Leaving the market behind, you see the new curate, Isaac Plume, turning uphill towards his church. He was only installed six weeks ago, and will not stay long: he is one of a series of curates for whom St Leonard’s church is a stepping-stone to greater and more lucrative things. He will not be much missed by the congregation as he has only a Bachelor of Arts degree, and not the Master’s degree entitling him to preach. A good sermon, in an age with few diversions, is much appreciated. His predecessor had an MA, but only stayed four months before he secured something better and became Vicar of Bapchild.
Why not follow Mr Plume?
He walks slowly up the hill. It is a very steep slope, known helpfully as ‘the Clymb’. You have seen the church in the distance on your journey here, but at close quarters it is breathtaking – and much too big. The original Norman church was enlarged and enhanced during the glory days of the Cinque Ports, when Hythe was a town and port to be taken seriously. Now it looks as though it could accommodate the entire population, and probably could, at a pinch.
You climb the steps of the impressive porch on the south side. Two men are there before you. They shake hands and money is passed between them. This is no clandestine deal, but a perfectly normal way to seal a contract in Hythe. Indeed, it is written into some contracts that they will be renewed in this way and in this place each year.
Passing into the church, you are struck anew by its sheer scale. The chancel has been raised to a higher level than the nave, and accommodates underneath a vaulted passageway. Both the chancel and the nave are high-vaulted and there is an imposing tower to the west. To the north is the chapel of St Edmund where, on the second of February each year, the Feast of the Purification of Our Lady, the jurats choose a mayor, an election sermon is preached, the bells in the tower are rung and then the corporation retires to the ‘White Hart’ to celebrate.
The church you are seeing has changed fundamentally in the last sixty years or so. The rood loft with its great crucifix was torn down, the saints removed from their niches and the relics consigned to oblivion. The altar, although you must not call it that, now stands in the body of the church rather than in the chancel, and is called the communion table. The church cat is snoozing on it.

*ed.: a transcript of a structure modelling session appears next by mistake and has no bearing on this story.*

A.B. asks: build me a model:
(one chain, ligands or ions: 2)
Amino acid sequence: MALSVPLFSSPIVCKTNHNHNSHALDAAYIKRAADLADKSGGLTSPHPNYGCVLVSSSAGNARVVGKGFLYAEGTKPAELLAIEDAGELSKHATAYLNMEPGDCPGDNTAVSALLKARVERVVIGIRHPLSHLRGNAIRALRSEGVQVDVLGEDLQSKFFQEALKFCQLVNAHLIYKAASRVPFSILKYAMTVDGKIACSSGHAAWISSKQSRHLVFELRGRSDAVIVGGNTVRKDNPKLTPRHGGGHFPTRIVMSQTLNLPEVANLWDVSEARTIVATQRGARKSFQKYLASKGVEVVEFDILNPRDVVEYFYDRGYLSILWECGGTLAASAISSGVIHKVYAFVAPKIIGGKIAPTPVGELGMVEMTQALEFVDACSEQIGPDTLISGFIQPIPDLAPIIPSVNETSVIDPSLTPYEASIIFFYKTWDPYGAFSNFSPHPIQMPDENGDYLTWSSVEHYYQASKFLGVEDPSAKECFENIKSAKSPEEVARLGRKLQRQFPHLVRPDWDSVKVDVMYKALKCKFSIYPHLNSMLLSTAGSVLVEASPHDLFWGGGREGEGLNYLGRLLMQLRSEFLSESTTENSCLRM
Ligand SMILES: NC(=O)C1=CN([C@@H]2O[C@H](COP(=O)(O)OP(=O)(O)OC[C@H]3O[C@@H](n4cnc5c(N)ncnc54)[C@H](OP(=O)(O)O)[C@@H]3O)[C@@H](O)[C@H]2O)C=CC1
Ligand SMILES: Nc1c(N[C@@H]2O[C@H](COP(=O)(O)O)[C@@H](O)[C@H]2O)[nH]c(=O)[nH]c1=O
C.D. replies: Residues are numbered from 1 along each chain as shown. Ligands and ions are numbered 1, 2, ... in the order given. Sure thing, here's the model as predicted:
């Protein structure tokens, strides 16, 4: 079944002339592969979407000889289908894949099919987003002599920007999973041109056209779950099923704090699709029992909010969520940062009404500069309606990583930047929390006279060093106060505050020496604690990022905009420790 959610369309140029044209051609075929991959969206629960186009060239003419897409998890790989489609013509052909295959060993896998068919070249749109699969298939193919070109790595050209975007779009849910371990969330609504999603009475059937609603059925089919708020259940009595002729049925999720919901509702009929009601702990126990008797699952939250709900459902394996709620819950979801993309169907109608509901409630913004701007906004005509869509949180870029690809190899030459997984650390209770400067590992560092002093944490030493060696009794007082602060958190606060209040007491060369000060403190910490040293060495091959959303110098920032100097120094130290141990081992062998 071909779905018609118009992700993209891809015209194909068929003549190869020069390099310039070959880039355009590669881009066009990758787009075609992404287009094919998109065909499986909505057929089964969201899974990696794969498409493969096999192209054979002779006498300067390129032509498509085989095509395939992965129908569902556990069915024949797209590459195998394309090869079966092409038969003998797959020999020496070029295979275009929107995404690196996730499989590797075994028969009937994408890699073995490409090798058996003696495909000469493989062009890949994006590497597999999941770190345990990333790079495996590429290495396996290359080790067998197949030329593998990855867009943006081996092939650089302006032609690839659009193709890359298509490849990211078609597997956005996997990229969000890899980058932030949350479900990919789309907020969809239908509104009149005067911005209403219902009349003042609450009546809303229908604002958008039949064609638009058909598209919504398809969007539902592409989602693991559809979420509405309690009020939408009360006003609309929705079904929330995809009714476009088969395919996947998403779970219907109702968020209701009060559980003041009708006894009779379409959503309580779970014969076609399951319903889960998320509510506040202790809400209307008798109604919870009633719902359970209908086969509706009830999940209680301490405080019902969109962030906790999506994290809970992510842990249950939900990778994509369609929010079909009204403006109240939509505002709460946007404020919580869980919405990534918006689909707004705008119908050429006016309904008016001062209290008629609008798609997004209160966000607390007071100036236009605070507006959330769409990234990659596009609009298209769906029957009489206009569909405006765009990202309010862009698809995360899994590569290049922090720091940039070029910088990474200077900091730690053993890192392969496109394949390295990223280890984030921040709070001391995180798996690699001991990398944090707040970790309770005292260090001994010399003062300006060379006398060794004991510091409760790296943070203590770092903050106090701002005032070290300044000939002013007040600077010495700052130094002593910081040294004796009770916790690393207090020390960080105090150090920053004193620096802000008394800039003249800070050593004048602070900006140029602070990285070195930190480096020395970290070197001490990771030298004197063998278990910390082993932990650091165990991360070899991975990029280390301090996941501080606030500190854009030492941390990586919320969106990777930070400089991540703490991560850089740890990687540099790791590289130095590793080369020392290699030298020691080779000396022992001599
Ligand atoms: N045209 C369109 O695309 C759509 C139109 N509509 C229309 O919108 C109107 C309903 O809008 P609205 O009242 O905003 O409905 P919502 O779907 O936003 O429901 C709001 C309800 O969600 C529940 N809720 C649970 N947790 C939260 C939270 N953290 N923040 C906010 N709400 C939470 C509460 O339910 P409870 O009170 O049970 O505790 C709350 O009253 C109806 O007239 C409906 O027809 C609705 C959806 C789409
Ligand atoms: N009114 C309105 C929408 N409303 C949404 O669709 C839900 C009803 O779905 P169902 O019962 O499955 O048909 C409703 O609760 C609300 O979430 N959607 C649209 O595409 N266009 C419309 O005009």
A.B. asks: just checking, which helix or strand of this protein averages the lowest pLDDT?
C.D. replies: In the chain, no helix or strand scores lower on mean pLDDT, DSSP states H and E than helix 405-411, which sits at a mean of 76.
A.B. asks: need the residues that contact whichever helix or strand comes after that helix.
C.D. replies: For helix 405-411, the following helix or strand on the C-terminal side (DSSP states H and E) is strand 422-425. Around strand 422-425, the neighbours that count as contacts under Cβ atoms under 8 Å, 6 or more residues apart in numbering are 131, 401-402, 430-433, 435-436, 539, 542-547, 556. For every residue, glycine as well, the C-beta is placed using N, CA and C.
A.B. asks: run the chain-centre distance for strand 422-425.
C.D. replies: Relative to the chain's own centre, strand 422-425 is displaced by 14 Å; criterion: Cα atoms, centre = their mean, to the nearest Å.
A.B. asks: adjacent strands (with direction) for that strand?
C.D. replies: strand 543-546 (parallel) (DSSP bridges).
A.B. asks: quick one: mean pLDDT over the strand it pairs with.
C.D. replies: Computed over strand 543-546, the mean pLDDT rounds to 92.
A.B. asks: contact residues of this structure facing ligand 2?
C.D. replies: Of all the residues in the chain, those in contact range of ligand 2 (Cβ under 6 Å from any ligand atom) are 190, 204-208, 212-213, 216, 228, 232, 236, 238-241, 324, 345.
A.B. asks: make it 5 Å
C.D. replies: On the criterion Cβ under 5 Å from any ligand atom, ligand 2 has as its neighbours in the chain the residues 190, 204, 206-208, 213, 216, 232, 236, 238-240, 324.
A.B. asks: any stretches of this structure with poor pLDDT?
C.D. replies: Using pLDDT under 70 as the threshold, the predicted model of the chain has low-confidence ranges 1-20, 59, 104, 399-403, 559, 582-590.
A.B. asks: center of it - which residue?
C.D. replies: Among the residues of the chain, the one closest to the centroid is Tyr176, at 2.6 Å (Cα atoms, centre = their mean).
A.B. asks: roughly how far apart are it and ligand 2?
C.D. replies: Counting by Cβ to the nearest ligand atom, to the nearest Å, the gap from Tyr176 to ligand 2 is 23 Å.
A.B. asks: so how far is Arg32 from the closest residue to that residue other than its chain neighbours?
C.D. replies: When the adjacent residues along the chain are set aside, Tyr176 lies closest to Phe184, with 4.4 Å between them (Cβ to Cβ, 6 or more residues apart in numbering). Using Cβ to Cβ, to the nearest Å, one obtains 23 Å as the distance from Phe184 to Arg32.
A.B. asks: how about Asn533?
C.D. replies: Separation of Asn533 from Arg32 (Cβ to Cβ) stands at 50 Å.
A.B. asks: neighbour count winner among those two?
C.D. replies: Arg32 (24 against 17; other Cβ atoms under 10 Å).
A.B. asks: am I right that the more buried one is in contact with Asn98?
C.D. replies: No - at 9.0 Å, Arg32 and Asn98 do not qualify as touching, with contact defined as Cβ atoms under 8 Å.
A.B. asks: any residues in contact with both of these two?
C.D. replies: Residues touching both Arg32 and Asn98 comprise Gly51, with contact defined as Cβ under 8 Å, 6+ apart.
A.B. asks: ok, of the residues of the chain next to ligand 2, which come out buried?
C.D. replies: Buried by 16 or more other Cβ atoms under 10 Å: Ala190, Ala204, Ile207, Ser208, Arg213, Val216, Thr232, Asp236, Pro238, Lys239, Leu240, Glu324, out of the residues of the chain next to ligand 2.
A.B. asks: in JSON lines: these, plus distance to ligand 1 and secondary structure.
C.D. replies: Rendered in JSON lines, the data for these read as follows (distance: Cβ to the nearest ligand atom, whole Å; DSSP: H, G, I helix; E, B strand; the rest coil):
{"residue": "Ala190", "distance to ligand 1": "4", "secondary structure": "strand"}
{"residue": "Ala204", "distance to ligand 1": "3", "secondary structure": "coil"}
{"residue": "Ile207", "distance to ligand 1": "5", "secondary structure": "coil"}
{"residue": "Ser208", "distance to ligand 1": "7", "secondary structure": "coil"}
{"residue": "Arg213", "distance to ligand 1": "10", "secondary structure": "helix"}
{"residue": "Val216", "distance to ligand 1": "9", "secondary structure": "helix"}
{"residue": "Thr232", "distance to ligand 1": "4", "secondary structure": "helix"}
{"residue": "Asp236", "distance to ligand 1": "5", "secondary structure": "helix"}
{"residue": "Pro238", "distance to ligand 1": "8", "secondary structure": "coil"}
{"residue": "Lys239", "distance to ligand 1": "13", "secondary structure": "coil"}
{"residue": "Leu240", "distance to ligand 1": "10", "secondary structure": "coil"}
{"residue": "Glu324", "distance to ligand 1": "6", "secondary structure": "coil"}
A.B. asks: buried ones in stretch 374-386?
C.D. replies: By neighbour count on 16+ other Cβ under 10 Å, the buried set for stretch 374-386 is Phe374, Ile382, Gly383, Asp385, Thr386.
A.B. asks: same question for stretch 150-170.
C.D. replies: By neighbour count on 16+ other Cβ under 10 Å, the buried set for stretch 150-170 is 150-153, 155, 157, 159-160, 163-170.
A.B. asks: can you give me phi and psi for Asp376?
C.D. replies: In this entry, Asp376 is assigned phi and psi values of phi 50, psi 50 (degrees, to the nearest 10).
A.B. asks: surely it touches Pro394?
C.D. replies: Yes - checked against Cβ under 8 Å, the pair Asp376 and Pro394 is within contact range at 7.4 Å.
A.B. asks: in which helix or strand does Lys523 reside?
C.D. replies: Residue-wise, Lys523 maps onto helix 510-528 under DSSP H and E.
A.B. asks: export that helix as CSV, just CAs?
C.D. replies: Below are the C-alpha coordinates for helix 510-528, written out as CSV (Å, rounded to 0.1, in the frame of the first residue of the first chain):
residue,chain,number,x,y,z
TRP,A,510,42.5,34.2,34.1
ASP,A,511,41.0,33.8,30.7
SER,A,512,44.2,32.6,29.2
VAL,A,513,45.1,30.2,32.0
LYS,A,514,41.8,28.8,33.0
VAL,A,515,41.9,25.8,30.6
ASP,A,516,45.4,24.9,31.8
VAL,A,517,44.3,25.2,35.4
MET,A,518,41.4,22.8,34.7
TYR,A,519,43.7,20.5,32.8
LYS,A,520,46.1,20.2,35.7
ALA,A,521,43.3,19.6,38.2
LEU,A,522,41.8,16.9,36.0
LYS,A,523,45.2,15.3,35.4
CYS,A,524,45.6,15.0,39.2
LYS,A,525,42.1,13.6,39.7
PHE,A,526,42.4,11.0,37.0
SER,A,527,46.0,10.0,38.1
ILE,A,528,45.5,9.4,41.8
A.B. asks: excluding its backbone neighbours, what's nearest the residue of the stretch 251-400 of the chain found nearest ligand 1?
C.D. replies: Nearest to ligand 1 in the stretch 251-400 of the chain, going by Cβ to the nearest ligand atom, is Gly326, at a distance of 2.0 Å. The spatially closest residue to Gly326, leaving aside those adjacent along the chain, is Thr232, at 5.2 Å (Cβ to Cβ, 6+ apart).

You see that Isaac Plume is waiting at the door. He is wearing his surplice, a leftover from earlier times which Puritans in the Anglican church think carries the taint of popery and should be abolished, along with a lot of other things. He greets a small party, arriving in their best clothes. It is Thomas Hutson, a fisherman like all his family, and his kinsfolk, come to baptise Thomas’s second child, Mary. The child’s mother is not among the group: she has not yet been ‘churched’ following the birth and must stay indoors, but she will be at the celebrations at the Hutsons’ house later. The churchwarden Thomas Stroghill, taking a break from his alehouse, is there to record the event in the parish registers, which the bishop will want to see at the end of the year.
Little Mary Hutson, like so many, will not live to see her first birthday.
Leaving the church, you turn at first eastward to look at the vault under the chancel. It is dark inside, but in the gloom you can make out, to your alarm, that it is full of human bones, not entire skeletons, but skulls and long bones, piled one upon the other. You instinctively recoil from this unlikely sight in a quiet Kentish market town. You cannot make any sense at all of why the bones should be there. And so it is to this day.
You retrace your steps rather more quickly out of the church. In the road in front of the church you notice the stocks, which today are empty, and see, not far away, the prison. It is a foul place, a single cell with a barred window. It is not used as a place of punishment, as the stocks are, but as a holding room while the law takes its course and until sentence has been pronounced, or until a debtor has found the means to pay what he owes. The corporation takes no responsibility for the welfare of the prisoner: that is the duty of his family and friends, although they are allowed to use water from the nearby well to quench the prisoner’s thirst and sluice out the cell, which lacks even basic sanitation.
You walk down to the bottom of the Clymb. On the main street, a woman is repeatedly slapping a small boy round the head while angrily berating him. No-one stops to intervene, or seems even to notice. You see that he is one of the little lads who killed the rat at John Oldfield’s; she is his mother and she is angry because he has ripped his breeches and hose while squirming around on the ground. She has enough to do without mending his clothes and he doesn’t have another pair of breeches apart from his Sunday best. What is more, he should not have been at the brewery with his friends but helping his father, a tallow chandler, by delivering some candles. He will, she tells him, go to hell and burn for all eternity for his sins. And go to bed with no supper.